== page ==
My dad turned 70 today. In my mind, however, he’s always been about 40. Which is odd because I’m almost 40 now… and still feel 18. If you meet my dad today, you’d peg him as at most, a vibrant 55. It’s not out of the question for you to meet him, actually. He’s constantly on the move. On any given day, he could be in Colorado, Florida, Oregon, Kentucky, New Zealand, or Rhode Island. Short guy, huge heart, boots, cowboy hat, Southern drawl, conversationalist, doesn’t believe in strangers… that’s him.
I don’t get to see my dad often. But, I still hear his voice every day. When there is hard work to be done, others are giving up, and I’m thinking about letting up, I hear a disapproving grunt and, “Ain’t nothin’ worth doin’ that’s easy.”
While other kids were couch bound, my dad had me building endless barbed wire fences, splitting wood, digging ditches, cleaning horse stalls, throwing hay bales, popping blisters, and growing callouses. He didn’t just send me off like a slave- he was always right there with me, shoulder to shoulder, leading by example.
Dad worked at a cigarette factory for 26 years. He worked long hours, and never missed a day. As supervisor of the materials section, he was under constant pressure to make sure that an incredibly high volume of production was never delayed due to paper, tobacco, filter, or chemical shortages.
My dad busted his hump… and had to manage a lot of people who didn’t have that drive. Dad used to occasionally let me tag along with him as a kid. It was so exciting to walk into this huge, bustling factory. On one visit, I remember going into the breakroom and seeing a guy leaned back with his feet up on a lunch table. A few hours later, I walked by and noticed the same guy in the same position. Near the end of the day, I saw the guy taking it easy yet again. After we walked by I asked, “Daddy, does that man work here? I only see him in the breakroom.” Dad just chuckled and mussed my hair. I think he knew at that moment that he’d done his job as a parent.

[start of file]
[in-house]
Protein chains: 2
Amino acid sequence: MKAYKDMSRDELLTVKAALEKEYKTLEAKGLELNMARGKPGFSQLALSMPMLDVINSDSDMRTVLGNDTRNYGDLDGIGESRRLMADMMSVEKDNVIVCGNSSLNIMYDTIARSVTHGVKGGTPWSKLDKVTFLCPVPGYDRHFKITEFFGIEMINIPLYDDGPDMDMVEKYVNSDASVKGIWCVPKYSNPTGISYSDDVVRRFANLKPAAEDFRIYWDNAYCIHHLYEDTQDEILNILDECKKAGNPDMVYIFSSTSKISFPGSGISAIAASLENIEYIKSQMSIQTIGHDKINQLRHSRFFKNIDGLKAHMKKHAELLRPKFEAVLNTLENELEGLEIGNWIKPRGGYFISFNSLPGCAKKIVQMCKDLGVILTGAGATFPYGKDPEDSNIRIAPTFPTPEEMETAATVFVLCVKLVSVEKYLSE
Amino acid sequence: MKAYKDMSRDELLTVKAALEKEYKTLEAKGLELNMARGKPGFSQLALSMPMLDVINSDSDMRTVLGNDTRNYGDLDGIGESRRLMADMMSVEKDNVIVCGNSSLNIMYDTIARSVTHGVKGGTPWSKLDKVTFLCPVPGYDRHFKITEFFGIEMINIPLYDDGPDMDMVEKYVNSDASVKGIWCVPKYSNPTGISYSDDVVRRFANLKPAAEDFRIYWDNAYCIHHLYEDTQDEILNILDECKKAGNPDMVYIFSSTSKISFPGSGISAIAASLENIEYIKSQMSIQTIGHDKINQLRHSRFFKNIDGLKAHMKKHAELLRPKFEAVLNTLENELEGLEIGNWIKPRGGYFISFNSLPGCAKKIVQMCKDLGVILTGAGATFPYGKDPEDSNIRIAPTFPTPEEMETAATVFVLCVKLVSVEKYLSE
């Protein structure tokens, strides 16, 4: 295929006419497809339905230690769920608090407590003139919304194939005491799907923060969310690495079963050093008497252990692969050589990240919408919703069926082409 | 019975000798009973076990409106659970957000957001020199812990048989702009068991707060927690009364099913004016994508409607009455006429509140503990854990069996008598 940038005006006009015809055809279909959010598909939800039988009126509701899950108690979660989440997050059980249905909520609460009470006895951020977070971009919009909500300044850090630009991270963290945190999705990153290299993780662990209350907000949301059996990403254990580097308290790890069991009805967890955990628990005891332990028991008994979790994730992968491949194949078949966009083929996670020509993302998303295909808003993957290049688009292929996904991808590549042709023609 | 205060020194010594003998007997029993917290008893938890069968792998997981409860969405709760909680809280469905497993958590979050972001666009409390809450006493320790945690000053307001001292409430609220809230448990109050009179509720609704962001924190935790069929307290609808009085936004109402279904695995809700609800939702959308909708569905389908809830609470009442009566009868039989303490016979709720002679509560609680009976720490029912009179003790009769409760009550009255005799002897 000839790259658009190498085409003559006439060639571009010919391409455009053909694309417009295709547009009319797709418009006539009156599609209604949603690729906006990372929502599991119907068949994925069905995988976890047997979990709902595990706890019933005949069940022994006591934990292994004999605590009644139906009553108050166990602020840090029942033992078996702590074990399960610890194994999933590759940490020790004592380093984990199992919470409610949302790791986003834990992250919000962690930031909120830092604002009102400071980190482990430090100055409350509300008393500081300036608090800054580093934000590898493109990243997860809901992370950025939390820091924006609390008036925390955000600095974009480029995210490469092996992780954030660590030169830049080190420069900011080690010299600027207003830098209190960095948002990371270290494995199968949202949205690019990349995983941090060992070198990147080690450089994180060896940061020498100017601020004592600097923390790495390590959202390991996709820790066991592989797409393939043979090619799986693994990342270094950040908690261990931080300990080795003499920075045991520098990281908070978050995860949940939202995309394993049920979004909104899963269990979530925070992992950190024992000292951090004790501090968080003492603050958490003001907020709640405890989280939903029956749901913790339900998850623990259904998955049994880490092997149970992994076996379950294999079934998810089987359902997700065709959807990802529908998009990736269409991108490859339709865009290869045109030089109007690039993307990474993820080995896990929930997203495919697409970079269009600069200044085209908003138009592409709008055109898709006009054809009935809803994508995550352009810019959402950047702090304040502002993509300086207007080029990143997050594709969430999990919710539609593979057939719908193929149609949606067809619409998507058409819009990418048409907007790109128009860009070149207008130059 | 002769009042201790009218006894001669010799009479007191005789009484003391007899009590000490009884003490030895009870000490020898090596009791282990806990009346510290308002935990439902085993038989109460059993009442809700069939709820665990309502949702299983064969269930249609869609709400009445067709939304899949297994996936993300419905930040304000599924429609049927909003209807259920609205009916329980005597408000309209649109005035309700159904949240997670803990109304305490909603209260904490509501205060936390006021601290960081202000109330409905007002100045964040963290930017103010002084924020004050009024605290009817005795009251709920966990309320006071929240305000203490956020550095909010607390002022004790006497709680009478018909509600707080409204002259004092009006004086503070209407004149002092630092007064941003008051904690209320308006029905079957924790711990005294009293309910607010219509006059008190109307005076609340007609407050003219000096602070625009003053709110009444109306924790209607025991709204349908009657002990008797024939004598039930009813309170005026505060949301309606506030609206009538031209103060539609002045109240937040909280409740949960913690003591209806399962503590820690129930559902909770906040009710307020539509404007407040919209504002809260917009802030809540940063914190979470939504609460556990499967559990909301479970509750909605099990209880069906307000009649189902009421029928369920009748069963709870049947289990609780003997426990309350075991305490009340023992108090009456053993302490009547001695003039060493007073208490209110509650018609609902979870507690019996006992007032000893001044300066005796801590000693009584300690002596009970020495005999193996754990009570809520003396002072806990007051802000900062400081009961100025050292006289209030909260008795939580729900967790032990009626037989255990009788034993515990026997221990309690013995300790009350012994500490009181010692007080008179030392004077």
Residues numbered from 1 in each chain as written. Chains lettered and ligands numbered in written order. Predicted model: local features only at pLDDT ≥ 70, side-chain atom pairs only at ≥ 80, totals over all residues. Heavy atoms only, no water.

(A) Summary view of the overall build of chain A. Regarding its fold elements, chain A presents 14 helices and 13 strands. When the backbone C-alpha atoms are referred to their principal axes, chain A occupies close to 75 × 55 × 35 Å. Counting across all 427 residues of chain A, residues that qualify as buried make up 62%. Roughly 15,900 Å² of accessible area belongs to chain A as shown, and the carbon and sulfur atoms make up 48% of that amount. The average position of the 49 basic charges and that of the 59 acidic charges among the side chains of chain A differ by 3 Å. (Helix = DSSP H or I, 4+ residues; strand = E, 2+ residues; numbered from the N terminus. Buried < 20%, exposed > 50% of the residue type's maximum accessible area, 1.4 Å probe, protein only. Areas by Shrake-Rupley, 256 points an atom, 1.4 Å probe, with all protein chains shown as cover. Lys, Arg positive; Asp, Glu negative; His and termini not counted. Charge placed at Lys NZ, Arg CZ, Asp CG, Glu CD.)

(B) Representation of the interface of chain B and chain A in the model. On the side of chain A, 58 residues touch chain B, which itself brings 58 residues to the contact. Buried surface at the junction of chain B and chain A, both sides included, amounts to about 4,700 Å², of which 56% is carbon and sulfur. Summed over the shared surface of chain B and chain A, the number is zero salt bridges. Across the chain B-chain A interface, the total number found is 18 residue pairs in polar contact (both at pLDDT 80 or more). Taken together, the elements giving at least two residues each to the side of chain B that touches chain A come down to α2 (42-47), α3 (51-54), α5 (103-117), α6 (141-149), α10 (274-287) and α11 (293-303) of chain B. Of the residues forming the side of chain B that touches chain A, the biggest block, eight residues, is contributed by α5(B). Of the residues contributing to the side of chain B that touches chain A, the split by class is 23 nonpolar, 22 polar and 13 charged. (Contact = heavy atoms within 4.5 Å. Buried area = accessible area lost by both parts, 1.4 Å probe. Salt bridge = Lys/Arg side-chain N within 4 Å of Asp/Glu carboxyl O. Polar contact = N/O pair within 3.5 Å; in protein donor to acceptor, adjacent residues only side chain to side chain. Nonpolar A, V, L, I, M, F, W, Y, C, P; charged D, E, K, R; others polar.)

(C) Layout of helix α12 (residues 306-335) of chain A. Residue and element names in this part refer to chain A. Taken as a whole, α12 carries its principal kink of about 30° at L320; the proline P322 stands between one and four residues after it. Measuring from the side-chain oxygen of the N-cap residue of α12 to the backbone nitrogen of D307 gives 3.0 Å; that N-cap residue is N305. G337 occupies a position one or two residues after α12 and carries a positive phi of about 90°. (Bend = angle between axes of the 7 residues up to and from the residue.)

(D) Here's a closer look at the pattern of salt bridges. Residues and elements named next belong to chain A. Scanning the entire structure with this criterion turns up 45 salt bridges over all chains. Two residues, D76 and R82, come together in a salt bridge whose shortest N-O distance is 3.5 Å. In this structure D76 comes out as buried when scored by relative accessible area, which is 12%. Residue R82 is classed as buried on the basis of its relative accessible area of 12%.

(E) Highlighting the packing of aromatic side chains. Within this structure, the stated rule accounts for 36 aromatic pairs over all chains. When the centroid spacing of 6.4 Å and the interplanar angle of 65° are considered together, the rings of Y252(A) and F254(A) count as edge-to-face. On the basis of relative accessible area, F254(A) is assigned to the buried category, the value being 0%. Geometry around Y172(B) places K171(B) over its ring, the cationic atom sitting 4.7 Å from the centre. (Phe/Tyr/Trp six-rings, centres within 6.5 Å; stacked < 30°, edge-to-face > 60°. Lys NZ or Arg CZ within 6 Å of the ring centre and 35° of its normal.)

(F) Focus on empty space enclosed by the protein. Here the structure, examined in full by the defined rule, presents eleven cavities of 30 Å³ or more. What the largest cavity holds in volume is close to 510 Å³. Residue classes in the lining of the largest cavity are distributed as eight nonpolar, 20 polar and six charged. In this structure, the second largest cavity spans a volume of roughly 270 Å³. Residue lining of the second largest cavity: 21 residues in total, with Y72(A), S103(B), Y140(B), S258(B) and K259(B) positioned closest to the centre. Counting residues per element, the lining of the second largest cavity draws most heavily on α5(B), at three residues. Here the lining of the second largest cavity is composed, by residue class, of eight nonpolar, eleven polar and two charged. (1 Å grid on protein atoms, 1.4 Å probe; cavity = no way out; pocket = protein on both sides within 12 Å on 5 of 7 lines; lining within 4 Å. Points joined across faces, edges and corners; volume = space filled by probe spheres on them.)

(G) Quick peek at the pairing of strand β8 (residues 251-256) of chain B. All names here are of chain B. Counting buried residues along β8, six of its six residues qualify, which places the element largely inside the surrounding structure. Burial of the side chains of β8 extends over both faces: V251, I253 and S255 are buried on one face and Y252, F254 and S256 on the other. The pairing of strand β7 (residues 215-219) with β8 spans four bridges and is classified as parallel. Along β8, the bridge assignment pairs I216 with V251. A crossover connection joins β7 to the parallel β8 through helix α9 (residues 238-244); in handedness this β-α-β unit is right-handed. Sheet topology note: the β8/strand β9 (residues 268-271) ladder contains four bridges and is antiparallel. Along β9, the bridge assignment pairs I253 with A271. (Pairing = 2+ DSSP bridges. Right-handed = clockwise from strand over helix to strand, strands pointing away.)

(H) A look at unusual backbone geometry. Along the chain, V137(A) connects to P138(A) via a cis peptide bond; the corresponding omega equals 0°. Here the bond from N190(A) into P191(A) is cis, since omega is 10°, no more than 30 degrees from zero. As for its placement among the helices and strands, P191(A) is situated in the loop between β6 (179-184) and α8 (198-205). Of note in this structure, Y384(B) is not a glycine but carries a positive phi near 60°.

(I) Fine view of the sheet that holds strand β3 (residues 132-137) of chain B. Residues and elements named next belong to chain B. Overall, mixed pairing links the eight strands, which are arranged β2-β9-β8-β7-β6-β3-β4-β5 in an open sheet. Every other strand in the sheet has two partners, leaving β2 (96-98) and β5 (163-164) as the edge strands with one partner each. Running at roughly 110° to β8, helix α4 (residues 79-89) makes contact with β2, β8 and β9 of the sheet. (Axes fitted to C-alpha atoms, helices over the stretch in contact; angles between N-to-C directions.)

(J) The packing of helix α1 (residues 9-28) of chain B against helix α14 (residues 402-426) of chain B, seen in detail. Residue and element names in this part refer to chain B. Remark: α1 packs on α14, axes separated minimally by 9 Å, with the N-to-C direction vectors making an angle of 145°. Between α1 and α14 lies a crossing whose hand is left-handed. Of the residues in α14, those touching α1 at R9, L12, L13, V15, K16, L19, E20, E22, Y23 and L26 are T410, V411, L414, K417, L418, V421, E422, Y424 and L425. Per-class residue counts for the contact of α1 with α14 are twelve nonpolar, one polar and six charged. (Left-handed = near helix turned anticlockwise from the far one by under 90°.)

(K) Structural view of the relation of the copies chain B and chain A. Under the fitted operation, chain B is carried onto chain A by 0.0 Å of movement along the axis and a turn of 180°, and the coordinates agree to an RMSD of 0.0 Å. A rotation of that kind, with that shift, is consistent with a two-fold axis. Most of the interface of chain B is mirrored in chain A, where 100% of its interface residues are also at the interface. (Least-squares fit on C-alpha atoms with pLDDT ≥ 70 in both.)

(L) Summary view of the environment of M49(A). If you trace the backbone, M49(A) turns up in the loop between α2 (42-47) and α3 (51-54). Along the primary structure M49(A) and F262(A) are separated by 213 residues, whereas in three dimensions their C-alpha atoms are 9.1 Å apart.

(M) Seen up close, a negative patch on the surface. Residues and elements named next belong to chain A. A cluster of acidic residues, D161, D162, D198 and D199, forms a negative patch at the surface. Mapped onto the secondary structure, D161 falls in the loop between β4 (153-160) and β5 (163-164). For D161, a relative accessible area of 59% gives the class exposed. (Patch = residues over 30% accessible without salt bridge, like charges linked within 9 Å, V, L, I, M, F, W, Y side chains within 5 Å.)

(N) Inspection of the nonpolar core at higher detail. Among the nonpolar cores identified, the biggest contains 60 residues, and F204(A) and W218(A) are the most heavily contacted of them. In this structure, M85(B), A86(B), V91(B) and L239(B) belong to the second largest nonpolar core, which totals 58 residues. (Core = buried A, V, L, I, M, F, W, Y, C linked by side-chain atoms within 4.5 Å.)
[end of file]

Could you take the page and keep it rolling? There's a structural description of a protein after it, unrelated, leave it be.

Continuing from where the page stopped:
High school was easy for me. I never studied- and graduated 1st in my class. Then, I went to a prestigious engineering college and got my ass handed to me. The classes were tough, and the competition was fierce. I had to learn how to study. I got used to all-nighters. Though I wasn’t as smart as my classmates, I did well (and often better) by simply working harder. I’m convinced that I would have failed without those endless hours of post-hole digging in my youth.
I’ve forgotten more math than most people have learned. I’ve spent my career helping companies implement complex computer aided engineering simulation tools that my dad marginally understands- yet he’s helped me every step of the way.
I want to wish you a heartfelt happy birthday, dad…
…and thanks for giving me a gift that will serve me for life.